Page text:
This is where it gets more interesting. Tugman says: “With £5,000, you can start to think about taking down walls and rearranging the internal space to get more light, or getting rid of wasted space in hallways.

“You might be able to convert a single door to the garden into French doors, or change a window into a door. The space under the stairs is often wasted – think about installing a downstairs loo or making an office area.”

from home-designing.com

If you have a large master bedroom but have always hankered after an en suite, now you’re in the ball park. That’s assuming you’re not insisting on gold taps. Moving internal walls isn’t a big job, and you can easily make one room a little smaller so you can create a small bathroom. These days, you can also buy things to fit in a corner, so in a large room you can even box off a triangle shape and buy a triangular basin, loo and shower. The cost of this will vary according to the materials you use, but if you stick to basic white and then add colourful towels to finish it off, you shouldn’t blow the budget.

from vendoluzes.com

If you can’t afford a whole new kitchen, think about replacing the doors as the cupboard carcasses are probably fine. Homestylekitchens.co.uk sell new doors from about £15 each. Remember that the drawer fronts, and the cost of handles mounts up fast too. Use the leftover money for a new worktop, and any more after that can go towards new accessories.

“You can update the kitchen by painting the cupboard doors and replacing the worktop. Larger wood worktops from Ikea sell for around £60 for 246cm,” says Vivian. “You can also change the cupboard handles. B&Q and Homebase have some lovely ranges, and if you have some money left over then changing the kitchen taps for something more contemporary is a good way to update the look.”

Don’t forget the garden. Proper garden makeovers can cost a lot of money, but for this price you should be able to create a patio and returf the lawn. The other approach is to install some fabulous garden lighting – just as top models rely on good lighting to hide imperfections, so some uplighters and downlighters in your garden can draw attention to the good bits, and vice versa. Alternatively, splash out on some good garden furniture. If you buy well, it should last for years.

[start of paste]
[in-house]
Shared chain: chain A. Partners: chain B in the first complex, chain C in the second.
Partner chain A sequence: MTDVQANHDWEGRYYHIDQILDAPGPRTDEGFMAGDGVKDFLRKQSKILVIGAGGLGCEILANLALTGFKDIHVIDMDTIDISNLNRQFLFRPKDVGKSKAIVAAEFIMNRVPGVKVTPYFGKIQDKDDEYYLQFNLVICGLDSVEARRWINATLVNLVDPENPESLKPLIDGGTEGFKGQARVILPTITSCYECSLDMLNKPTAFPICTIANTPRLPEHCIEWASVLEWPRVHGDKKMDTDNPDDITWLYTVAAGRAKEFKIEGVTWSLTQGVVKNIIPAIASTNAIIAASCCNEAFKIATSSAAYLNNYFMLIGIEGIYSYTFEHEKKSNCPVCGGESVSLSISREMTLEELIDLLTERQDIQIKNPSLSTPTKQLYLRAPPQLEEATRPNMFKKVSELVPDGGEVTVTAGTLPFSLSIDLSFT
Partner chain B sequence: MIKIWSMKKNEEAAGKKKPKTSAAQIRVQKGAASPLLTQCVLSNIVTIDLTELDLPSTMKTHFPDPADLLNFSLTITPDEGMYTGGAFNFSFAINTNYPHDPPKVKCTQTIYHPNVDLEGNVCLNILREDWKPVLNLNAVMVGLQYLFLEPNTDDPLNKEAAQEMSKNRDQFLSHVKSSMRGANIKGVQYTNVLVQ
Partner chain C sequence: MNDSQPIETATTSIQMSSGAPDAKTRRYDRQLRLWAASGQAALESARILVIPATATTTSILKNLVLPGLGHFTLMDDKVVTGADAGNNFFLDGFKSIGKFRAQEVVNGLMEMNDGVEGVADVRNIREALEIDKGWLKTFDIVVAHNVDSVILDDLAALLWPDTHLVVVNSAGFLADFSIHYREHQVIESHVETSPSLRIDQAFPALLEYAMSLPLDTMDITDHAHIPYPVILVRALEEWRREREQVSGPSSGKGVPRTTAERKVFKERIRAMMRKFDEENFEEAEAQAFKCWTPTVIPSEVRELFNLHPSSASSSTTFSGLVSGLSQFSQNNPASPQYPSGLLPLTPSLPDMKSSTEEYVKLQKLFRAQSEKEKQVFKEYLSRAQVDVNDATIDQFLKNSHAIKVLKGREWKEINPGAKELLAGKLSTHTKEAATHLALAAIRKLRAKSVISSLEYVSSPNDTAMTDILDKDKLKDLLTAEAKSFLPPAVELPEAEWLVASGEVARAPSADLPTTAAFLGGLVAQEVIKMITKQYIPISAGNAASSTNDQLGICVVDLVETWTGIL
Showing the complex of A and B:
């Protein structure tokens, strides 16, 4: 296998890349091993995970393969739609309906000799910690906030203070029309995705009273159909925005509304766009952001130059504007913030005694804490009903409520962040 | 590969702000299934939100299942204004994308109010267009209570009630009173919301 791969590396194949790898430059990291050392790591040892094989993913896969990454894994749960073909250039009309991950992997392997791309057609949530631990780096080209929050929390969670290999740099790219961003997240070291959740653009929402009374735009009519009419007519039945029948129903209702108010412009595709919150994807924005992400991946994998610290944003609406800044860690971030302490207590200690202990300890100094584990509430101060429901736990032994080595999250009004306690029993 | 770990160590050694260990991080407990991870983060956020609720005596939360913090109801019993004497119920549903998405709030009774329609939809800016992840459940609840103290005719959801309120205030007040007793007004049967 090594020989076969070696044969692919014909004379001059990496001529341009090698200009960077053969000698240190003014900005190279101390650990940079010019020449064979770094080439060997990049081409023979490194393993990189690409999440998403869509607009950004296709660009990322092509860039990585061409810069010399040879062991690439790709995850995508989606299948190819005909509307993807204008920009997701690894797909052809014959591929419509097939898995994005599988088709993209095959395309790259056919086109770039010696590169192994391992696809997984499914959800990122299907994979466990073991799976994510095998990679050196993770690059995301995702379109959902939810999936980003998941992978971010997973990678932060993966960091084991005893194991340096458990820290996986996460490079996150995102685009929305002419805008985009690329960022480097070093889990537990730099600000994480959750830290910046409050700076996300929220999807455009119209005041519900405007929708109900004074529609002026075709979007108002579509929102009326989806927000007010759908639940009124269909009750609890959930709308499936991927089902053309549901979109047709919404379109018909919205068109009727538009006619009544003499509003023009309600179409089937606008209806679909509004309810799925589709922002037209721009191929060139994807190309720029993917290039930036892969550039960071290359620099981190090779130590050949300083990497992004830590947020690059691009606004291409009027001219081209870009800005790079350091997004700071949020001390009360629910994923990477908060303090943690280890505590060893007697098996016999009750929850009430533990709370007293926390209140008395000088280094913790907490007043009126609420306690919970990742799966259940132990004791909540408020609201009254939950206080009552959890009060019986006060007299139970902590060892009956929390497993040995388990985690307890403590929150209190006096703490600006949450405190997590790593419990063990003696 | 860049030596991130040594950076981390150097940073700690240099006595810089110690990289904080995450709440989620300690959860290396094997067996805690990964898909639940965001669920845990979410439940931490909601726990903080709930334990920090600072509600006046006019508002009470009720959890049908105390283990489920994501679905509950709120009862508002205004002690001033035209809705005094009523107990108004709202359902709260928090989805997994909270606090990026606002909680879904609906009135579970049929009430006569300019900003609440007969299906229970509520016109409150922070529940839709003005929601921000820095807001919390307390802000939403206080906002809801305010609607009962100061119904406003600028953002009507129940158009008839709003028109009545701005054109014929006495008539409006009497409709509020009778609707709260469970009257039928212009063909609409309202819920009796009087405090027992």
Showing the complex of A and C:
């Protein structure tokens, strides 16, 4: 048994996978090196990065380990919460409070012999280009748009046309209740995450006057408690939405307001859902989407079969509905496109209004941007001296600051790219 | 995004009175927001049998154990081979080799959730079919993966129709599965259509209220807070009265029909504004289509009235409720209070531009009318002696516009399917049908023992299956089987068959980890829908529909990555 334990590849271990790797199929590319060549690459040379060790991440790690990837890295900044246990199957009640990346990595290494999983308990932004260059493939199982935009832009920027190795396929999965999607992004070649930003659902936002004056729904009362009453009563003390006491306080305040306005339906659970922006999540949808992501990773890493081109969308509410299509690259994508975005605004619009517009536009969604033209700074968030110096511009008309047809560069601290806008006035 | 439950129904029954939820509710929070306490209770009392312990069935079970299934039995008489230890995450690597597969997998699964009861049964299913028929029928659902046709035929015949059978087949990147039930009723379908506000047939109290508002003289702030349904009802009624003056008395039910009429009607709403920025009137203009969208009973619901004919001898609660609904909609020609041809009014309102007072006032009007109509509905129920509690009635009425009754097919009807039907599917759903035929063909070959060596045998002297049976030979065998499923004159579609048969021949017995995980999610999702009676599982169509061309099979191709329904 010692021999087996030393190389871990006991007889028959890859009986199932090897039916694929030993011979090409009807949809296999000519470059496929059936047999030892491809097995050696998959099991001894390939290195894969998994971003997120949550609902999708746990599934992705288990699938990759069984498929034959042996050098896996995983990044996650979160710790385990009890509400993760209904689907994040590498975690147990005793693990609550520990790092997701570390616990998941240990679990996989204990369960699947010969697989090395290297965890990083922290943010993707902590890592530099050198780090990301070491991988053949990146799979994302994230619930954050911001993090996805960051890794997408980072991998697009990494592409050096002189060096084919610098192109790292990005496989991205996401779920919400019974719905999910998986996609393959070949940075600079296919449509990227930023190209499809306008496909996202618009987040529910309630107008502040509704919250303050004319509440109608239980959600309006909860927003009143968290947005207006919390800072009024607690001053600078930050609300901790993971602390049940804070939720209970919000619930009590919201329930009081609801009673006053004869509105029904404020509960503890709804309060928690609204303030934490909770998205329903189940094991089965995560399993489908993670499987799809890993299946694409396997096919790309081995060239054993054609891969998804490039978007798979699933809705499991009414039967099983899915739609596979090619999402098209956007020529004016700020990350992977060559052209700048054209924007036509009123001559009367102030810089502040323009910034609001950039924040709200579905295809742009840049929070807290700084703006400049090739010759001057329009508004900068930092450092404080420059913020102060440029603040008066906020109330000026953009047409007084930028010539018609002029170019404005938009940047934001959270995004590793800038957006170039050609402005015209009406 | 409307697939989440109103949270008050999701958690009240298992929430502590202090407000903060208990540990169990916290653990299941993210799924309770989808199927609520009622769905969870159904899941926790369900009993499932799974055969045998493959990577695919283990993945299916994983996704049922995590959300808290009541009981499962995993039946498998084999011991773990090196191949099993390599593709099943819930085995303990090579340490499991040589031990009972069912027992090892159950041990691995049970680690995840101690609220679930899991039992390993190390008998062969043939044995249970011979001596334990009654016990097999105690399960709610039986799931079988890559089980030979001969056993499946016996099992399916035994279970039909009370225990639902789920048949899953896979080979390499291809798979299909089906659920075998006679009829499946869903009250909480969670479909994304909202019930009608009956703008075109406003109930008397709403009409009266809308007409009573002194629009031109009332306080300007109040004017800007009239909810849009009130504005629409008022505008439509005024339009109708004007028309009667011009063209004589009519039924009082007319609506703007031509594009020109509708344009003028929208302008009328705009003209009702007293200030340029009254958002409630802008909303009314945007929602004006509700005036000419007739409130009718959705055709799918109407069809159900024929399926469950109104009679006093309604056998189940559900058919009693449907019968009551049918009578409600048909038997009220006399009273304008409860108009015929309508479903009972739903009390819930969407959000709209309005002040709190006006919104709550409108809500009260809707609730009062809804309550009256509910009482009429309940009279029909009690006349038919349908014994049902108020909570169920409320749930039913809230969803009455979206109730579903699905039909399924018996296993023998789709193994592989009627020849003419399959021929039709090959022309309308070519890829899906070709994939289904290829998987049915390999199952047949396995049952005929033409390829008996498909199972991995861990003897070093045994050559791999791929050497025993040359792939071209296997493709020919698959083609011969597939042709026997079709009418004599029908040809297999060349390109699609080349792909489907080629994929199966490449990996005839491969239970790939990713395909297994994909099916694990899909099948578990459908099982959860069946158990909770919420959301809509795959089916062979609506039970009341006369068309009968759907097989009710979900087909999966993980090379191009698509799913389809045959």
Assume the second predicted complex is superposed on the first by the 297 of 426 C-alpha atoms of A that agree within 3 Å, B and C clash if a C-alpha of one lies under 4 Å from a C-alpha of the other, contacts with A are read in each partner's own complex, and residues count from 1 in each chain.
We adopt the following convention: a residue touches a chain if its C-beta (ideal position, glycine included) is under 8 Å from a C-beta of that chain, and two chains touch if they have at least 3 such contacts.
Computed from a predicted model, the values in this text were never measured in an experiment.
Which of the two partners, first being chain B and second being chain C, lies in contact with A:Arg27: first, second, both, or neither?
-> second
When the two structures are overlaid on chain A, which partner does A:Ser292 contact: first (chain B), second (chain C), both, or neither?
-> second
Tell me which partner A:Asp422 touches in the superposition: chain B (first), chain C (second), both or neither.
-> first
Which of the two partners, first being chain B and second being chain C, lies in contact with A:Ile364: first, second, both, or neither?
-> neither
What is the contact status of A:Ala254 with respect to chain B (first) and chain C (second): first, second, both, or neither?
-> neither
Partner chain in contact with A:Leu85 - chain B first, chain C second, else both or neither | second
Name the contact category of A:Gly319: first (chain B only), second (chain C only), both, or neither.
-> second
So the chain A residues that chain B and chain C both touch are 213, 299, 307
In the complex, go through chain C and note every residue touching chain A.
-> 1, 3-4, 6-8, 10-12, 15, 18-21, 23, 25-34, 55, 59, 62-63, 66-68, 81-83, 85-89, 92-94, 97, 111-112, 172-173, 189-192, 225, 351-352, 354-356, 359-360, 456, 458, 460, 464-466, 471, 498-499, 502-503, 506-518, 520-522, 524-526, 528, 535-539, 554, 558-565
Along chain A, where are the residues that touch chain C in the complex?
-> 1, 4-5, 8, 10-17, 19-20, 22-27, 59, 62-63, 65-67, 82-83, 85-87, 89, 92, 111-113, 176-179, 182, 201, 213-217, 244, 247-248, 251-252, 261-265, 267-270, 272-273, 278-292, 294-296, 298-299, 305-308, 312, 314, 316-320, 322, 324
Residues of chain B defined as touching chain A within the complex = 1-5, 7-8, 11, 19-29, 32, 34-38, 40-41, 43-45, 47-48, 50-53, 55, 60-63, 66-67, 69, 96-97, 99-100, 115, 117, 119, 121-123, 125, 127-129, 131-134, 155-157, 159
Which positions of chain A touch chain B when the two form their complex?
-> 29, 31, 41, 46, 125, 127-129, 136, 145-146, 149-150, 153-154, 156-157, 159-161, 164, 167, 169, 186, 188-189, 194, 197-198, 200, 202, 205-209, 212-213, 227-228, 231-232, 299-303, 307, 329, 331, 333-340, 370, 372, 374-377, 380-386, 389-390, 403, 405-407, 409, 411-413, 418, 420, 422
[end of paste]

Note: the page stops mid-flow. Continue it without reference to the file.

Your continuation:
With this kind of budget, you’re entering the realms of being able to add another room to your property, and this is also where you start to add real value to your house. A basic loft conversion usually starts from around £35,000, but you will also have to buy the bathroom fittings with that and decorate it too. If you need new furniture, then your £50,000 is pretty well taken care of.

converting the loft doesn't have to mean a bedroom (from google.nz)

from Jane Feltham via Pinterest

If you don’t want to go up, then how about out? Single-storey side-return extensions cost from about £35,000, but you will have to buy flooring and install a kitchen too, so you will spend all your budget here. Installing a glass roof or full-width glass doors is increasingly popular, but this will send the cost soaring so calculate carefully before you get carried away. As a basic guideline, you can extend up to 3 metres from the rear wall, 3 metres out and 4 metres up within permitted development. Any more than that will need planning permission. Otherwise, you just need to apply for a certificate of lawfulness. But it’s wise to check first, the laws are Byzantine and seem to change on a whim.

by David Churchill from homeklondike.com

from glass-extension.blogspot.com

Tugman suggests you should always buy the best you can afford, though. “I worked on a house valued at £1.35m. We converted a dressing room back into a bedroom with an en suite and added some amazing glass-fronted wardrobes. We spent £60,000 and the house was revalued at £1.7m. That’s a phenomenal return on the investment and was down to the expensive wardrobes. Sometimes, spending that little bit extra really makes a difference.”